Florida has now appealed a Sunday night ruling by a federal judge in Miami granting Norweigan Cruise Line Holdings the right to require full vaccination for pax to board the company’s cruises.
In a statement, the parent company of Norwegian Cruise Line, Regent and Oceania said,“This order will now allow the Company to operate in the safest way possible with 100% vaccination of all guests and crew when sailing from Florida ports. Nothing takes priority over the health and safety of the Company’s guests, crew and the communities visited and its commitment to them is paramount.”
The legal battle is a second front of a fight between Governor Ron DeSantis’ Florida and the CDC’s health regulations of the cruise industry.
DeSantis had previously signed a bill in MAY that banned businesses from requiring customers to show proof of a COVID-19 vaccine. Had Sunday’s injunction not occurred, Norwegian could have faced a fine of $5,000 from the state of Florida for each violation had it enforced proof of vaccination to sail.
As Open Jaw reported, when Florida and the CDC have also faced off in court, there have been wins on both sides. They wait on the latest court decision, which could come in SEP.
SEP is too late for NCLH. NCL’s first sailing out of Florida is scheduled for this weekend: 15AUG.
The company, which has been vocal in its defense of fully vaccinated cruises and its right to require proof, sought the court’s protection of its vaccination policies. And on Sunday, a judge agreed with the cruise company.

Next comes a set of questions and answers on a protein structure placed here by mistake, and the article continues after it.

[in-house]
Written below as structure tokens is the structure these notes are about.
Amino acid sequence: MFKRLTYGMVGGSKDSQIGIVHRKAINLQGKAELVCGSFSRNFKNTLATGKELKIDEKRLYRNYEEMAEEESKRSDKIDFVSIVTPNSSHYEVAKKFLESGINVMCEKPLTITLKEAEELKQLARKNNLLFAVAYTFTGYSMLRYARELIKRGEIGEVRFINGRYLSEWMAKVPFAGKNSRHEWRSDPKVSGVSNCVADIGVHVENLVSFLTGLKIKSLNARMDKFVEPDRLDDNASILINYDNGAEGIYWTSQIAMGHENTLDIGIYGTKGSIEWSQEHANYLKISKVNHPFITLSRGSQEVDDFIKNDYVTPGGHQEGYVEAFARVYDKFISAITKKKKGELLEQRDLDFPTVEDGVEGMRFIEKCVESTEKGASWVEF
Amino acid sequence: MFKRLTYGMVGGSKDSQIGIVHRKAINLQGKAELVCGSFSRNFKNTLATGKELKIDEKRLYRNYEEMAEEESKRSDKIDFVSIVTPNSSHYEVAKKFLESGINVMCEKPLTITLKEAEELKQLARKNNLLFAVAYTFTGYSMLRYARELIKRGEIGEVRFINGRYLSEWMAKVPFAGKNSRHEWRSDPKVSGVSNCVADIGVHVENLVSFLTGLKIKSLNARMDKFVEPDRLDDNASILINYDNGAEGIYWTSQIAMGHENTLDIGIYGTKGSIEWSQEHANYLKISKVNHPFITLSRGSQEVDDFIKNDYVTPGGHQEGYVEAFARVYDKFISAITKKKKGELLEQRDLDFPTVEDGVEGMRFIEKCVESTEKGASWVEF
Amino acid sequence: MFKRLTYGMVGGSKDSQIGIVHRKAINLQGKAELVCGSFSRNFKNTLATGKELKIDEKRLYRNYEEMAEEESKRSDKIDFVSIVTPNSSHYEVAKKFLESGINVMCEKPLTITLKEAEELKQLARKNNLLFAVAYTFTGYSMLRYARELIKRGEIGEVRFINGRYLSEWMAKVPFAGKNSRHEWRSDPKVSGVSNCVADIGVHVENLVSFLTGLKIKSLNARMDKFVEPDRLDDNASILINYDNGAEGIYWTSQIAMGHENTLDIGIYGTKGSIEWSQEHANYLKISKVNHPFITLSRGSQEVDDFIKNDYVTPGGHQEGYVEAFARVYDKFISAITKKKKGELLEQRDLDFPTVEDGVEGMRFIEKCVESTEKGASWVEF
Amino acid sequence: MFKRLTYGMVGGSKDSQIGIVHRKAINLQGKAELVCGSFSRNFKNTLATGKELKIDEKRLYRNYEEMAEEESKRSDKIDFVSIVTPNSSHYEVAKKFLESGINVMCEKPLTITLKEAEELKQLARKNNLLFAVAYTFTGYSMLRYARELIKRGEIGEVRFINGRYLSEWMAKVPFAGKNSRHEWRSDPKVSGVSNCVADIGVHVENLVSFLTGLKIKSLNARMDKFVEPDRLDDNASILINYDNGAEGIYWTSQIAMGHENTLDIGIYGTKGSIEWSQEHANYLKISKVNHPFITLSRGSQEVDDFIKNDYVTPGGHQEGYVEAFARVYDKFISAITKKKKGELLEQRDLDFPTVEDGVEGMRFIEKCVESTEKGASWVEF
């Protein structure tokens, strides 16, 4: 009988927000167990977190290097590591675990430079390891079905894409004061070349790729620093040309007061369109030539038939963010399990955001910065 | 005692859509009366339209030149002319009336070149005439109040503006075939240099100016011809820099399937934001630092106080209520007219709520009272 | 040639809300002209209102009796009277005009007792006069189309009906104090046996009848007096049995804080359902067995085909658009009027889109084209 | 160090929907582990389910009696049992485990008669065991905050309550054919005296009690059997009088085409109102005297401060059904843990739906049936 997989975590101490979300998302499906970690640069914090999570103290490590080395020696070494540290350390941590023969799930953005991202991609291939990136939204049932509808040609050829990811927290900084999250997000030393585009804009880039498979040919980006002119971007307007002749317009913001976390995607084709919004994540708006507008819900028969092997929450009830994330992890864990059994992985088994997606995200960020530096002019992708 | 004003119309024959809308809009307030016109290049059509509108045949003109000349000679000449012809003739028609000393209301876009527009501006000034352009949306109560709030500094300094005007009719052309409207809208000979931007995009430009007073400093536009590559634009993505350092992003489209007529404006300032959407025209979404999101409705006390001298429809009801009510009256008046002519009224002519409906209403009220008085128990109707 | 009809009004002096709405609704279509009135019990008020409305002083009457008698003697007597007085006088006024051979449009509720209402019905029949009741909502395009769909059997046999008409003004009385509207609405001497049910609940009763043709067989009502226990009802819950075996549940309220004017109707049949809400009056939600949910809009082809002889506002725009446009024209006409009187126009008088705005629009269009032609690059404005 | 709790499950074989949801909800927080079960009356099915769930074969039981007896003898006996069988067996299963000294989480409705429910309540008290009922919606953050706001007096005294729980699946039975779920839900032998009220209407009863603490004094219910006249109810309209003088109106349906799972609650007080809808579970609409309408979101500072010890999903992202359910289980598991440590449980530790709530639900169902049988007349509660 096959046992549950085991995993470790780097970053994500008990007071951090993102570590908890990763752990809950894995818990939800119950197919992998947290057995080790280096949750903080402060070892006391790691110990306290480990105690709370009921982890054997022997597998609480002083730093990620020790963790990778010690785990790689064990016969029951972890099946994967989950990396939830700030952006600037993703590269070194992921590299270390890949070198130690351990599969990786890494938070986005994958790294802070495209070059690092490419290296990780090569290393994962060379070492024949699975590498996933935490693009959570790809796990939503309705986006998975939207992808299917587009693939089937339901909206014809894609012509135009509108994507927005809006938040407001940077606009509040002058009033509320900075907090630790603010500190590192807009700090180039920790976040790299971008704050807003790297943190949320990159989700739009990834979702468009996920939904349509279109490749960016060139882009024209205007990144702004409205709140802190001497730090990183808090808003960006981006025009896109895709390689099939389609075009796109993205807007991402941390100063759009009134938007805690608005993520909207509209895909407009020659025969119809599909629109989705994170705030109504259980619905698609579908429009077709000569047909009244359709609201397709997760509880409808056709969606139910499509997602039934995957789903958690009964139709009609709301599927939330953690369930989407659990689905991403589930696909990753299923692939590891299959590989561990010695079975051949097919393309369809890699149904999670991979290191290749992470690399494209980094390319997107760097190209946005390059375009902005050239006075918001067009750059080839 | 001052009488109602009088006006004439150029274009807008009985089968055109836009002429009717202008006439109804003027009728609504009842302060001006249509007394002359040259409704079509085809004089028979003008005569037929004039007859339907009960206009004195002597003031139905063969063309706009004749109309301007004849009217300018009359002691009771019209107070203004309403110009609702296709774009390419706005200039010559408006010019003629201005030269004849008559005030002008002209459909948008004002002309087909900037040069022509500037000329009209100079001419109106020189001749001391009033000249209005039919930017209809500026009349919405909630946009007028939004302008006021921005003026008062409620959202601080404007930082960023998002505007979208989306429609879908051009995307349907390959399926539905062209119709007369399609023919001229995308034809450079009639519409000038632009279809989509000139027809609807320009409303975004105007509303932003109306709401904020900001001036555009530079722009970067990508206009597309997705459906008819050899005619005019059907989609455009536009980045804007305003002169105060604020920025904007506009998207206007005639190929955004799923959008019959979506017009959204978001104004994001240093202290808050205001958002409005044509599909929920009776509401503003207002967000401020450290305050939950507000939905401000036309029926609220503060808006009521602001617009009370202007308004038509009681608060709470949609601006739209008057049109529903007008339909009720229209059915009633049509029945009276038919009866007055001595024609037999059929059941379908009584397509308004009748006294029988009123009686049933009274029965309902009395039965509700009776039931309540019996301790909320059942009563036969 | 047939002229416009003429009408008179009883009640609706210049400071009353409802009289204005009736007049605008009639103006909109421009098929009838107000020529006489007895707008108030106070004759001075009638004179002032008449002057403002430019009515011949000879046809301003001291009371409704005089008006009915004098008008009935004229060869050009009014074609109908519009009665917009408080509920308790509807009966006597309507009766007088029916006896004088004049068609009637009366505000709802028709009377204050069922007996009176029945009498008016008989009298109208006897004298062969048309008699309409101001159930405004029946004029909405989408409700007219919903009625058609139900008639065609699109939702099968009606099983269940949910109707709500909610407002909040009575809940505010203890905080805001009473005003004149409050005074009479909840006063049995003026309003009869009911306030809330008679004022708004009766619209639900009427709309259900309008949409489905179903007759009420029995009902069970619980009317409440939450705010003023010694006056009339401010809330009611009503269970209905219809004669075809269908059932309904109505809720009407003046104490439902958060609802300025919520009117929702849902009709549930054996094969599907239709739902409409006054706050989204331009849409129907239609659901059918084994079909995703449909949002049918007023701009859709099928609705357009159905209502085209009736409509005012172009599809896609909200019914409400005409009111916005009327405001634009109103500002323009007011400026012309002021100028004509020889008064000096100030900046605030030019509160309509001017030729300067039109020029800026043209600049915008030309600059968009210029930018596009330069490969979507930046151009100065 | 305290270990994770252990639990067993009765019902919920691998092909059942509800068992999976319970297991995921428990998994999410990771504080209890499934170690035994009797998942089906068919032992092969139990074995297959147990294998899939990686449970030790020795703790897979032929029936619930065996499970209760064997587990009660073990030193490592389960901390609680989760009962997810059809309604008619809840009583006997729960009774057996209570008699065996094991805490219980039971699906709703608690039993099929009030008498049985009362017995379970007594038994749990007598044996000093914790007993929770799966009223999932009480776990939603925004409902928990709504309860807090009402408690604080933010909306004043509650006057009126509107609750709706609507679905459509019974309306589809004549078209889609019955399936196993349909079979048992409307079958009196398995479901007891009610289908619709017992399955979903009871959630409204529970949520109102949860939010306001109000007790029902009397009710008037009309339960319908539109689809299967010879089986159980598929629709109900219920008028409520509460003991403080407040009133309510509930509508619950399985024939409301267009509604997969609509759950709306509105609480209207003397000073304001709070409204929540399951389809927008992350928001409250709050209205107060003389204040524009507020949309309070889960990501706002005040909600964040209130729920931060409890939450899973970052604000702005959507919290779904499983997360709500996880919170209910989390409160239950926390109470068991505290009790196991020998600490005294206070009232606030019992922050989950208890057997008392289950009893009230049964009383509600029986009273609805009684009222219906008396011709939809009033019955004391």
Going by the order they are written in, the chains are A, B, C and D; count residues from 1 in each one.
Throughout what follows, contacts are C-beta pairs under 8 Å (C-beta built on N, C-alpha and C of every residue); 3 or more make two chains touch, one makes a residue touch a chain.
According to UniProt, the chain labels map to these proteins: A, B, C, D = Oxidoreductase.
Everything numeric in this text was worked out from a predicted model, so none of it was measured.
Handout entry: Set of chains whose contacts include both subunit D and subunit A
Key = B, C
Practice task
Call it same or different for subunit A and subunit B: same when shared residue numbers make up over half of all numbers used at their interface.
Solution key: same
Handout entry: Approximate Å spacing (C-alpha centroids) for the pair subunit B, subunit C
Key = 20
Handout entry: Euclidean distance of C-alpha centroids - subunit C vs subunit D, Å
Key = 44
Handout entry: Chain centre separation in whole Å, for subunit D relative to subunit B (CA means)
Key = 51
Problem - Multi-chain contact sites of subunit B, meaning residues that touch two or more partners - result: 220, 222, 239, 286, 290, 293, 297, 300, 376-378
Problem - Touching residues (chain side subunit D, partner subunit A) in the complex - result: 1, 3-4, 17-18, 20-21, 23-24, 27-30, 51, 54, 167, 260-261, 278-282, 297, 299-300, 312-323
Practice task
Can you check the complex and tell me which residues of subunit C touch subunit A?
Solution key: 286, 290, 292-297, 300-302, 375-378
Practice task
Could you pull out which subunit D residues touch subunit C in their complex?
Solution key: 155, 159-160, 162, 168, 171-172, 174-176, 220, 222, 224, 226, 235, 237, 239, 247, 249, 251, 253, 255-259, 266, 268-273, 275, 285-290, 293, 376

US District Judge Kathleen Williams noted in her decision that “the Defendant (Florida) fails to provide a valid evidentiary, factual, or legal predicate.”
“Amid myriad, rapidly-changing requirements regarding quarantining and testing, there is one constant that facilitates cruise line customers’ access to advertised ports of call: documentary proof of vaccination will expedite passengers’ entry into virtually every single country and port where Plaintiffs intend to sail.”
“We are pleased that Judge Williams saw the facts, the law and the science as we did and granted the Company’s motion for preliminary injunction allowing us to operate cruises from Florida with 100% vaccinated guests and crew,” said Daniel S. Farkas, executive vice president and general counsel of Norwegian Cruise Line Holdings Ltd.
“While litigation is a strategic tool of last resort, our Company has fought to do what we believe is right and in the best interest of the welfare of our guests, crew and communities we visit in an effort to do our part as responsible corporate citizens to minimize, to the greatest extent possible, further spread of COVID-19 as we gradually relaunch our vessels.”
Although the wording is definitive, the injunction might not be the end of this particular saga. According to Politico, Peter Patterson, the representative for the state and for the state’s Surgeon General, hinted that Florida might take the case to the Supreme Court during a hearing on Friday.
In fact, on Monday morning, the Florida Governor’s office announced they would be challenging this injunction.
“We disagree with the judge’s legal reasoning and will be appealing to the Eleventh Circuit Court of Appeals,” a spokeswoman said. “A prohibition on vaccine passports does not even implicate, let alone violate, anyone’s speech rights, and it furthers the substantial, local interest of preventing discrimination among customers based on private health information.”
The company has been confident the decision was going to go its way. Last Friday they held a ‘Great Cruise Comeback’ Panel ahead of the 07AUG restart of sailing in U.S. waters. Its newest ship, the Norweigan Encore, embarked Saturday on an Alaska cruise from Seattle.
“We believe that around the world, the safest way to cruise is to have everyone 100 per cent vaccinated, and have everyone tested at the pier before they go on board,” said Frank Del Rio, the president and CEO of NCLH during the panel discussion.
“And as I said, this morning at our earnings call, nothing will get in the way of that. Florida was an outlier.”